“Technology is moving quickly with introducing new devices every month, and we didn’t want to sit down and maintain a refresh strategy on something that was a personal decision for each employee … We do not care what employees bring to work as long as they follow our corporate policies for usage of the device and protection of proprietary information” (Miller, 2012).

Mobile technology, especially BYOD, raises new problems that need to be resolved. These problems include security, software interoperability and data sharing, ownership and control, and who pays for what.

Security and Bring Your Own Technology (BYOT)

BYOT is an extreme form of BYOD. It allows the user to bring his or her own device, software, and usage patterns to the workplace. For example, BYOD will enable employees to make their selection of smartphones and/or tablets, but IT and other stakeholders establish software and usage patterns. BYOT extends the BYOD concept by allowing the employee to select their own software combinations as they feel it enables them to perform their duties.

BYOT, like BYOD, is becoming more prevalent in organizations. This adds yet another element of complexity to IT because of the sheer distance from the corporate-sponsored software. The organization needs to decide if they wish to take active measures to stop it, control it or facilitate it.

Enemies at the Gate: The Need for Operation and Information Management on Mobile Devices

Lost/Stolen Devices and Ex-Employees

An organization’s private data is its property and is the “soul” of the business. Mobile devices may contain customer contact lists, technical data, and even sensitive material about the state of the company. These devices pose a substantial threat in the wrong hands. A lost or stolen device could be used in fraud or corporate espionage. A personal device, owned by a former worker, could be the source of abuse should that worker’s leverage information:

  • a) for their benefit (e.g., a former employee using a client contact list to steal business for a competing company), or
  • b) in retaliation for a perceived wrong (e.g., a disgruntled former employee publicly leaks sensitive information to the damage of the organization).

Banks and financial institutions, faced with the risk of unmanaged devices and their possible loss, are very concerned about finding a solution (Violino, 2012). They seem to be aware that this solution will need to evolve alongside the rapidly changing technology it addresses.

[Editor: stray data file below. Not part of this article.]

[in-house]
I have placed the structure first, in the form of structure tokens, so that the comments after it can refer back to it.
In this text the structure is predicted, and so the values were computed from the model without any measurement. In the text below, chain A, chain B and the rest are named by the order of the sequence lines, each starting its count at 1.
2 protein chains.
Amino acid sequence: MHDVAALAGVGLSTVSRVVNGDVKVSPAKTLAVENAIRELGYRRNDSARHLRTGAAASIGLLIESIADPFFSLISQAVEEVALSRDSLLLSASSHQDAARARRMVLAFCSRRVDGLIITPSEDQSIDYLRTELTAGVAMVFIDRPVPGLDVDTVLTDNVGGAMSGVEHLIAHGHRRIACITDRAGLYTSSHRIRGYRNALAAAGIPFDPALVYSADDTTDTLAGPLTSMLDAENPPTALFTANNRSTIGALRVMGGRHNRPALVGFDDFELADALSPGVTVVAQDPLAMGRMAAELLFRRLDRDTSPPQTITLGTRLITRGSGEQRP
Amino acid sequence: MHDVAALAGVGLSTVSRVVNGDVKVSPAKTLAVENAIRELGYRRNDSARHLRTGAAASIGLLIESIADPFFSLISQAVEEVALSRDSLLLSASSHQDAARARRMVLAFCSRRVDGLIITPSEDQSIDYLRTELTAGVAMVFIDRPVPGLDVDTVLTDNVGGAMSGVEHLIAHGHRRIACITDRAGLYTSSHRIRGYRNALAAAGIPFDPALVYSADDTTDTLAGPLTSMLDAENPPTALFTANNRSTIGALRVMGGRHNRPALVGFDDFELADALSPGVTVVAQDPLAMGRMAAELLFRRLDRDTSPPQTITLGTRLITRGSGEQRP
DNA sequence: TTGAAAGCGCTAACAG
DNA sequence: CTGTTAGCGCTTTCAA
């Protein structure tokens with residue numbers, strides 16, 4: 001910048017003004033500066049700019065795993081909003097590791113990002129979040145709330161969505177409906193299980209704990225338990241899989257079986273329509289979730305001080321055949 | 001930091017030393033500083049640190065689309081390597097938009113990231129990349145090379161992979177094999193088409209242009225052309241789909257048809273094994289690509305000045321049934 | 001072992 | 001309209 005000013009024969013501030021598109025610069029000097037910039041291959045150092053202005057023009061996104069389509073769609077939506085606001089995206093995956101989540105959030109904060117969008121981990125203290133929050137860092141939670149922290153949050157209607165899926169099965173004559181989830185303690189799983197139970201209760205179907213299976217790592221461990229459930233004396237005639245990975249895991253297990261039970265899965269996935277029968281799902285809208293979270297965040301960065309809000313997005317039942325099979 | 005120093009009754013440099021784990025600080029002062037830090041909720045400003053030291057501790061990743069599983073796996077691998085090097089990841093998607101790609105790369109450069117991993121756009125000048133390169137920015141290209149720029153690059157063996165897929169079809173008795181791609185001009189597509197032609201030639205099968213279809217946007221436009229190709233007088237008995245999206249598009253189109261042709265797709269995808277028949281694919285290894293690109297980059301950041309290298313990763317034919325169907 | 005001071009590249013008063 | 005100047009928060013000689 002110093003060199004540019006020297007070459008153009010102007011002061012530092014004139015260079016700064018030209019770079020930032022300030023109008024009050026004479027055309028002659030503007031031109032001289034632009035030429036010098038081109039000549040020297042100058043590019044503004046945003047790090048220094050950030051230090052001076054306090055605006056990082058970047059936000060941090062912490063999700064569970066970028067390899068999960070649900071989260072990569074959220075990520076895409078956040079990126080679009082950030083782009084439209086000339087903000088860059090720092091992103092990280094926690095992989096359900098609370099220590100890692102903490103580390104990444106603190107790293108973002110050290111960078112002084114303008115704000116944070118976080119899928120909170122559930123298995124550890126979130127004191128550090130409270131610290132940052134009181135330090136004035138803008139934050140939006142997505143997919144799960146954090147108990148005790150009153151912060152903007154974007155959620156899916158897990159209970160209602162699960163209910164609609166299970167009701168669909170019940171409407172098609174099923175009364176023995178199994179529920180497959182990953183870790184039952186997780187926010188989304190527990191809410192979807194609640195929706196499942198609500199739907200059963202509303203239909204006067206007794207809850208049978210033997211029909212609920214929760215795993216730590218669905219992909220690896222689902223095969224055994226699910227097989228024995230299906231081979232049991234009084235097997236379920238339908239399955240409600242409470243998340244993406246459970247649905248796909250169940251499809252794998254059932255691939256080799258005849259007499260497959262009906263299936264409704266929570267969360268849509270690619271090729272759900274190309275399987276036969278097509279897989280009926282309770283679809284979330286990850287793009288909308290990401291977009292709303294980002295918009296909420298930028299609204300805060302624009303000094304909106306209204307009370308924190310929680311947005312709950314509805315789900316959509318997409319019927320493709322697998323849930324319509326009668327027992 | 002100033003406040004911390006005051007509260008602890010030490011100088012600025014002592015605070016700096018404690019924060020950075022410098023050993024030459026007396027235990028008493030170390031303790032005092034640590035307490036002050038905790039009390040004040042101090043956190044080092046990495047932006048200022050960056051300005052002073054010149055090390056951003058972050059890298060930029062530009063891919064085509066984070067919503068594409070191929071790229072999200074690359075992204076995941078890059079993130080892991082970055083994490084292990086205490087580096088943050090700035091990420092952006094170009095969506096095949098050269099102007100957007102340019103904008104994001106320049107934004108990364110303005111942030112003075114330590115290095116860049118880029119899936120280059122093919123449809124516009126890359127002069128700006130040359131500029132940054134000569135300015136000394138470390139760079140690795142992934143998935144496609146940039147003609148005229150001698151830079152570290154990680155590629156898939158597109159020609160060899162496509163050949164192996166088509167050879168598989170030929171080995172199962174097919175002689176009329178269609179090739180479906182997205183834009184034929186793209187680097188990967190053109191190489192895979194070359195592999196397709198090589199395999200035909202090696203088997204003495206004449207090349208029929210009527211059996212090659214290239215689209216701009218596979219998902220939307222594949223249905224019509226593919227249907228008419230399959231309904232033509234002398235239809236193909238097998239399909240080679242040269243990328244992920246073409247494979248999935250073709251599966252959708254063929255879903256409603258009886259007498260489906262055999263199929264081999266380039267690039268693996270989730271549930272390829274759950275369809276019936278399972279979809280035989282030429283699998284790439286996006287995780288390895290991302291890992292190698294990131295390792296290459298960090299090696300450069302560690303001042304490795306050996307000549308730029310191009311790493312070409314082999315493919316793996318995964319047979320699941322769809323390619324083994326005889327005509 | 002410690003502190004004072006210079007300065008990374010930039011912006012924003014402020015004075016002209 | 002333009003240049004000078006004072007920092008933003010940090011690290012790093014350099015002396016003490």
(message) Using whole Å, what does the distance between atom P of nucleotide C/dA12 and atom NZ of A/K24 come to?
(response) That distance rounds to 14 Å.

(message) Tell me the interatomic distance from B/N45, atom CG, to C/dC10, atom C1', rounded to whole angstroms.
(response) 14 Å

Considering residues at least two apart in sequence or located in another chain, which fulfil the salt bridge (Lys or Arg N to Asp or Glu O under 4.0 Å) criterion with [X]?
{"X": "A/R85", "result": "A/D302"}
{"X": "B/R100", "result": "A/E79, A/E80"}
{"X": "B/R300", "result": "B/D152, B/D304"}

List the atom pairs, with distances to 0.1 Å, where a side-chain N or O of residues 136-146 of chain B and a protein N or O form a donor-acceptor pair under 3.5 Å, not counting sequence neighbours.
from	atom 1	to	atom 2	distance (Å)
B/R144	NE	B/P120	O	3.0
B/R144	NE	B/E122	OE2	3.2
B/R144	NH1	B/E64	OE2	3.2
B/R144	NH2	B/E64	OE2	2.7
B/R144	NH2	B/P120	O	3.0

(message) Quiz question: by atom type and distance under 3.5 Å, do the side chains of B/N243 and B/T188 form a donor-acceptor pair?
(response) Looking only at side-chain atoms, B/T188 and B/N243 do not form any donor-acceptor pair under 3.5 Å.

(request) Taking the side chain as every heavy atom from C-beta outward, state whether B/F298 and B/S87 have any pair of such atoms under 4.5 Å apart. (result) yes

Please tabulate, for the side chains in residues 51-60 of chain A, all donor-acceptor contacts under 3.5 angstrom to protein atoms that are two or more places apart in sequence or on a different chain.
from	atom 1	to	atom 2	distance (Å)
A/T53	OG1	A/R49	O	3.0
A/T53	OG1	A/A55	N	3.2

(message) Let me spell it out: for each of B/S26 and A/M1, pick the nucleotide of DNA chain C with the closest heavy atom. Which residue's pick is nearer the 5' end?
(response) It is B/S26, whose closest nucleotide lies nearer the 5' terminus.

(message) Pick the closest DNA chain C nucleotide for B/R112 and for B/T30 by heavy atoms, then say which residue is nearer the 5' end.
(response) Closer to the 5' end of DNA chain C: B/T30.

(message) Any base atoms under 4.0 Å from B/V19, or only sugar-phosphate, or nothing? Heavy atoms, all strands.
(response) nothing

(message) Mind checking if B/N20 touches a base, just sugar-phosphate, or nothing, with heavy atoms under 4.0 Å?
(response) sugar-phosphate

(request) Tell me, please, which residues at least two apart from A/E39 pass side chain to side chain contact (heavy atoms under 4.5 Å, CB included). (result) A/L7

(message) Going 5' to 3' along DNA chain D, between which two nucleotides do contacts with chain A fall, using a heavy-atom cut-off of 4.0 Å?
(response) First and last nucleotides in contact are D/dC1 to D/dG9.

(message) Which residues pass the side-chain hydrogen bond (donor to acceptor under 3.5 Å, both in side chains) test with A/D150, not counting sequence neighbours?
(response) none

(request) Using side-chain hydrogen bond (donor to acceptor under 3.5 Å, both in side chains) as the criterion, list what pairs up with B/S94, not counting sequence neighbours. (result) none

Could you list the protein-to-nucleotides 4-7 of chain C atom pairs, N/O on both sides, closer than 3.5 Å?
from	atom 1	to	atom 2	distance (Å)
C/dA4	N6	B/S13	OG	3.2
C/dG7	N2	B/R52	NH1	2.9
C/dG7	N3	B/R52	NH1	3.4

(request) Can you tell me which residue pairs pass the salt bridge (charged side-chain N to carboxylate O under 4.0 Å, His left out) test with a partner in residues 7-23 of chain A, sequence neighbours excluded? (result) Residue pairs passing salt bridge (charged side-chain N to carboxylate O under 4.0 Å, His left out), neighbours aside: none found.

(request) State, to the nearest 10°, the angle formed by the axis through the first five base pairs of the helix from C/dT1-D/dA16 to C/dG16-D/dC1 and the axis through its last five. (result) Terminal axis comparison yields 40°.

Software and Information Homogeneity and Control

Organization efficiency requires that information technology staff standardize its software. This allows for practical training, usage guidelines, cost control, compliance with licensing agreements, support contracts, interoperability, and data sharing. Mobile devices, living outside the standards, create a level of destabilization.

First, they add an additional layer of technology that IT needs to address. Second, they introduce hardware and software variability into the existing workload already pressed for people and expertise. Third, without controls, they can no longer guarantee the completeness of the company data. How do they know what is going on in those devices?

Consider malware prevention software. Not yet a major problem with mobile devices, it is only a matter of time before a major incident occurs that compromises a large multi-national or public institution. IT departments are responsible for maintaining information security; therefore, they will be on the hook for system disruptions or security breaches.

A great deal of investment has been made in selecting, implementing, and optimizing corporate information systems. This investment has not only consisted of time and money but in developing a vision that is closely tied to the organizational goals. These goals originated from the top decision-makers. The idea that this order, which was hard to achieve, will suddenly fall to the chaos of mobile technologies is about as welcome as a dam bursting in a rainstorm. With mobile, both IT and executives will want to keep as much of their control structure as is possible.

Private Property, Corporate Property